Dance is not the first thing one thinks of in connection with Macbeth. Nonetheless, the earliest printed text, the Folio of 1623, contains four calls for dance, more than most comedies or romances, where dance is expected. Two occur in the scenes that include Hecate, a goddess of the moon and witchcraft, and are now generally considered additions created by—or in collaboration with—playwright Thomas Middleton for a court performance in 1609, three years after the play’s original composition.[1] Long omitted from popular editions of the play or mentioned only in the textual notes, these scenes are now sometimes included in popular editions, such as the Norton Shakespeare, which also prints the full text of the songs borrowed from Middleton’s The Witch (only the song titles appear in the Folio text).[2] In addition to the weird sisters’ unusual appearance (described by Banquo in 1.3), their gender (low-status women in a world putatively governed by warlike noblemen), and their distinctive speech rhythms,[3] both the dances that originated with Shakespeare and the later additions heighten the sisters’ theatrical power: their otherness is established kinesthetically as well as visually and aurally.

Early modern English people had definite ideas about how witches should—and did—dance. Ben Jonson, Shakespeare’s fellow playwright, explained that they “do all thinges contrary to the custome of Men, dauncing, back to back, hip to hip, theyr hands joyn’d, and making their circles backward to the left hand, with strange phantastique motions of theyr heads, and bodyes.”[4] Even if one ignores the Hecate additions, as most modern productions do, the Folio text strongly implies that the weird sisters dance in some of the ways that Jonson believed to be typical of witches: in a circle, hand in hand in 1.3 (ll.30-35) and “round about the cauldron” as they concoct their magic “broth” in 4.1 (ll.4-5 and 38). It also seems reasonable to assume, as Alan Brissenden does, that the circles would have been performed widdershins or counter-clockwise, as Jonson notes.[5]

– Linda McJannet (May 27, 2022)

Excerpts from the Introduction of Ben Jonson’s The Masque of Queenes (1609)

And because her Majestie (best knowing, that a principall part of life in these Spectacles lay in theyr variety) had commaunded mee to think on some Daunce, or shew, that might praecede hers, and have the place of a foyle, or false-Masque; I was careful to decline [afraid of varying] not only from others, but mine owne stepps in that kind, since the last yeare I had an Anti-Masque of Boyes: and therefore, now, devis’d that twelve Women, in the habits of Haggs, or Witches, systayning the persons of Ignorance, Suspicion, Credulity, &c. the opposites to good Fame, should fill that part; not as a Masque, but a spectacle of strangenesse, producing multiplicity of Gesture, and not unaptly sorting with the current, and whole fall of the Devise. (282:10-22)[6]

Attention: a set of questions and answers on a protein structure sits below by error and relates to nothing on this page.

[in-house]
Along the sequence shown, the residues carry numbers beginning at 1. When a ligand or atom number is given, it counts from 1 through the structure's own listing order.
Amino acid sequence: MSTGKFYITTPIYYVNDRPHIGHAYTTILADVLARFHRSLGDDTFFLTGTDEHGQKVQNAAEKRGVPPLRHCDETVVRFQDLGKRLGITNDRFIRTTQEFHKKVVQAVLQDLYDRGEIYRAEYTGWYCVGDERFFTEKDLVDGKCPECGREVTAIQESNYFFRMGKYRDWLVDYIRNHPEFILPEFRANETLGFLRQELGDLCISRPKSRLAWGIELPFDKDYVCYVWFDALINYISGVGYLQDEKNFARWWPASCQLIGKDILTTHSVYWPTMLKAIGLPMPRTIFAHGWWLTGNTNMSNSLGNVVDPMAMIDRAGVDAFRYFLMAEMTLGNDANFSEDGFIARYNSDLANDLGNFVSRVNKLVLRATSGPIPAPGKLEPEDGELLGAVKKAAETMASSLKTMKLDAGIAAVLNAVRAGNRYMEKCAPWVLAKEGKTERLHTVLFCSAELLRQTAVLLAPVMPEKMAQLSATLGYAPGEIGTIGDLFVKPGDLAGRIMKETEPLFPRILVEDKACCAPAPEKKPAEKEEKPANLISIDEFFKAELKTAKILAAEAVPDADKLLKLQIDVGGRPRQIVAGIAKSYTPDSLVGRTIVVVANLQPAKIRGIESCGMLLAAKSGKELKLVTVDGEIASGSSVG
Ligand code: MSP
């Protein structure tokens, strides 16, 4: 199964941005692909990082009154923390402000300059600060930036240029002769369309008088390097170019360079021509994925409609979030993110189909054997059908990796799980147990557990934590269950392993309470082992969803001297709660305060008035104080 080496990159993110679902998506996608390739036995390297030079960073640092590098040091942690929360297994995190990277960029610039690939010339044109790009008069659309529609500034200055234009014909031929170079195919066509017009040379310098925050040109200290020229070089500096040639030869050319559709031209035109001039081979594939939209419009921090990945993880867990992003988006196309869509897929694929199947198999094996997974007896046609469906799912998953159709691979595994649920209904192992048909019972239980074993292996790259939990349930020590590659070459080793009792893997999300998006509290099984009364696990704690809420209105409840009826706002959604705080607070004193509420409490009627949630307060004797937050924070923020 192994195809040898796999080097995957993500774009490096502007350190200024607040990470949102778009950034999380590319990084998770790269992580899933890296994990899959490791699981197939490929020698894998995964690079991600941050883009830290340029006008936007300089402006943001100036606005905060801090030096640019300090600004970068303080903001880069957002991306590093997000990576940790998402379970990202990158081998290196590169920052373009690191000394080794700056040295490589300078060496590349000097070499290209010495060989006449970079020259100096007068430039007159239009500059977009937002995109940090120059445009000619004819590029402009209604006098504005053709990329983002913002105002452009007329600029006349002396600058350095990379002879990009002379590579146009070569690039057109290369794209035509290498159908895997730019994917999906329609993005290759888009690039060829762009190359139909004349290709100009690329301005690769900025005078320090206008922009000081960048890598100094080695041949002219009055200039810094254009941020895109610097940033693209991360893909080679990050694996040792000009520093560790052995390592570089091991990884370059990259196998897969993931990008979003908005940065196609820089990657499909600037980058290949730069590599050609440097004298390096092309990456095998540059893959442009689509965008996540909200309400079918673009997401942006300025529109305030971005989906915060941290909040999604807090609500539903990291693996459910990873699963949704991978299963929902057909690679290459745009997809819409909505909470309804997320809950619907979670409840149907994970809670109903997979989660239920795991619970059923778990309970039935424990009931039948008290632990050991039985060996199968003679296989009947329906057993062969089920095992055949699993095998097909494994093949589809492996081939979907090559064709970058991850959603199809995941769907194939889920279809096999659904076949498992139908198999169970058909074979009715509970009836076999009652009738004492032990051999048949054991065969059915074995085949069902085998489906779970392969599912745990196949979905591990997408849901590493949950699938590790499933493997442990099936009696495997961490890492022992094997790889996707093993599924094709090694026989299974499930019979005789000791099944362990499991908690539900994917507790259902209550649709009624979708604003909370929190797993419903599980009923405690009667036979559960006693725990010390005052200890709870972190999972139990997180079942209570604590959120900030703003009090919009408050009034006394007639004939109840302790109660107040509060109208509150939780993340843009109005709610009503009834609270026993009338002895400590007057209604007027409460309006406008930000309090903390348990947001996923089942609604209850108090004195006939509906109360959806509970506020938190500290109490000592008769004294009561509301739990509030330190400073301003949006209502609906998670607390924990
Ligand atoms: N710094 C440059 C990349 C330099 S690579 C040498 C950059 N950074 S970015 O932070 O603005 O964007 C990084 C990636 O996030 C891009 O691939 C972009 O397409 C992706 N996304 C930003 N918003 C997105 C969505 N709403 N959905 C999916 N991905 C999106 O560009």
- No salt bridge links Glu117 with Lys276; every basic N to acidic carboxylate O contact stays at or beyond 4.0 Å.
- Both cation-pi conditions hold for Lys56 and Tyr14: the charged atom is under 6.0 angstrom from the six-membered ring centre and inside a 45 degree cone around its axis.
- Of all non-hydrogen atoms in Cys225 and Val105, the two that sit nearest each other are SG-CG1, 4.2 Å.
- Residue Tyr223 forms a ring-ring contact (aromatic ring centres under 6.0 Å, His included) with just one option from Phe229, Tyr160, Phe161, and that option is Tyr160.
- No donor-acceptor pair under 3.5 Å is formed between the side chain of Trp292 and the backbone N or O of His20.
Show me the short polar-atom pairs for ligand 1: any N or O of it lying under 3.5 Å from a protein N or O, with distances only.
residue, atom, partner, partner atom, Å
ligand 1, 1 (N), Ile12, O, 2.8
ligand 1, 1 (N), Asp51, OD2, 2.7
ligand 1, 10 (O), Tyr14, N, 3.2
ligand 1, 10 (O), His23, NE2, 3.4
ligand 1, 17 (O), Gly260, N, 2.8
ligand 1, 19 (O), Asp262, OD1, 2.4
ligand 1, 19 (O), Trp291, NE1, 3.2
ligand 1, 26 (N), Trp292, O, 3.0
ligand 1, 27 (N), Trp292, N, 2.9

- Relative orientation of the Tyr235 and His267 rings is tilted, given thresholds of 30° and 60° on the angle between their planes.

At which, with a strange and sodayne Musique, they fell into a magicall Daunce, full of praeposterous change, and gesticulation, but most applying to theyr property: who, at theyr meetings, do all thinges contrary to the custome of Men, dauncing, back to back, hip to hip, theyr hands joyn’d and making theyr circles backward, to the left hand, with strange phantastique motions of theyr heads, and bodyes. (301:1344-353)[7]


[1] See Stephen Greenblatt et al., eds., The Norton Shakespeare Based on the Oxford Edition (New York: W.W. Norton and Co.,1997), pp. 2555-6.

[2] See Act 3, Scene 5 and Act 4, Scene 1, and Greenblatt’s Textual Note, The Norton Shakespeare, p. 2563.

[3] Whereas most of characters speak blank verse, the witches speak in irregular fragments and conjure in trochaic tetrameter couplets, typically only seven syllables long—a literally odd number (“Éye of néwt, and tóe of fróg”).

[4] From the Introduction to Masque of Queens, quoted in Anne Daye, “Treason and Plot: the dancing witches of Macbeth and The Masque of Queens,” a paper presented at the 2018 meeting of the Dance Studies Association, University of Malta, July 5-8, 2018.

[5] Alan Brissenden, Shakespeare and the Dance (1981; rpt. Alton, Hampshire, UK: Dance Books, 2001), p. 68.

[6] From the Introduction to Masque of Queens, quoted in Stephen Orgel, The Jonsonian Masque (Cambridge, Massachusetts: Harvard University Press, 1967), p. 131.

[7] From the Introduction to Masque of Queens, quoted in Orgel, The Jonsonian Masque, p. 137.

McJannet, Linda. “Dance References in Macbeth.” The Shakespeare and Dance Project, edited by Linda McJannet and Emily Winerock, 27 May 2022, Accessed [date].

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Further Reading

Beehler, Paul A. J. “Historical Nexus: Bewitching Nurses in Rupert Goold’s Visual Medium of Macbeth.” The Southern African Society for Medieval and Renaissance Studies 28 (2018).

Daye, Anne, and Jeremy Barlow. “The Shock of the New: Ben Jonson’s Antimasque of Witches 1609.” On Common Ground 4: Reconstruction and Re-creation in Dance before 1850. Dolmetsch Historical Dance Society, 2003.

Ferington, Esther. “Rediscovering a Music-Filled Macbeth.” Folger Shakespeare Library Online: Research and Discovery. September 19, 2018.

Tassi, Marguerite A. “Arrestingly Contemporary,” A review of Macbeth, dir. Rupert Goold, Lyceum Theatre, NYC, 2009, The Shakespeare Newsletter 57.4, No. 273 (Winter 2007/8): 81-2, 118-20.

Williams, Seth Stewart. “[They dance]: Collaborative Authorship and Dance in Macbeth.” In The Oxford Handbook of Shakespeare and Dance, edited by Lynsey McCulloch and Brandon Shaw, pp. 237-260. Oxford University Press, 2019.

Winkler, Amanda Eubanks. O Let Us Howle Some Heavy Note: Music for Witches, the Melancholic, and the Mad on the Seventeenth-century English Stage. Indiana University Press, 2006.

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Updated July 4, 2022.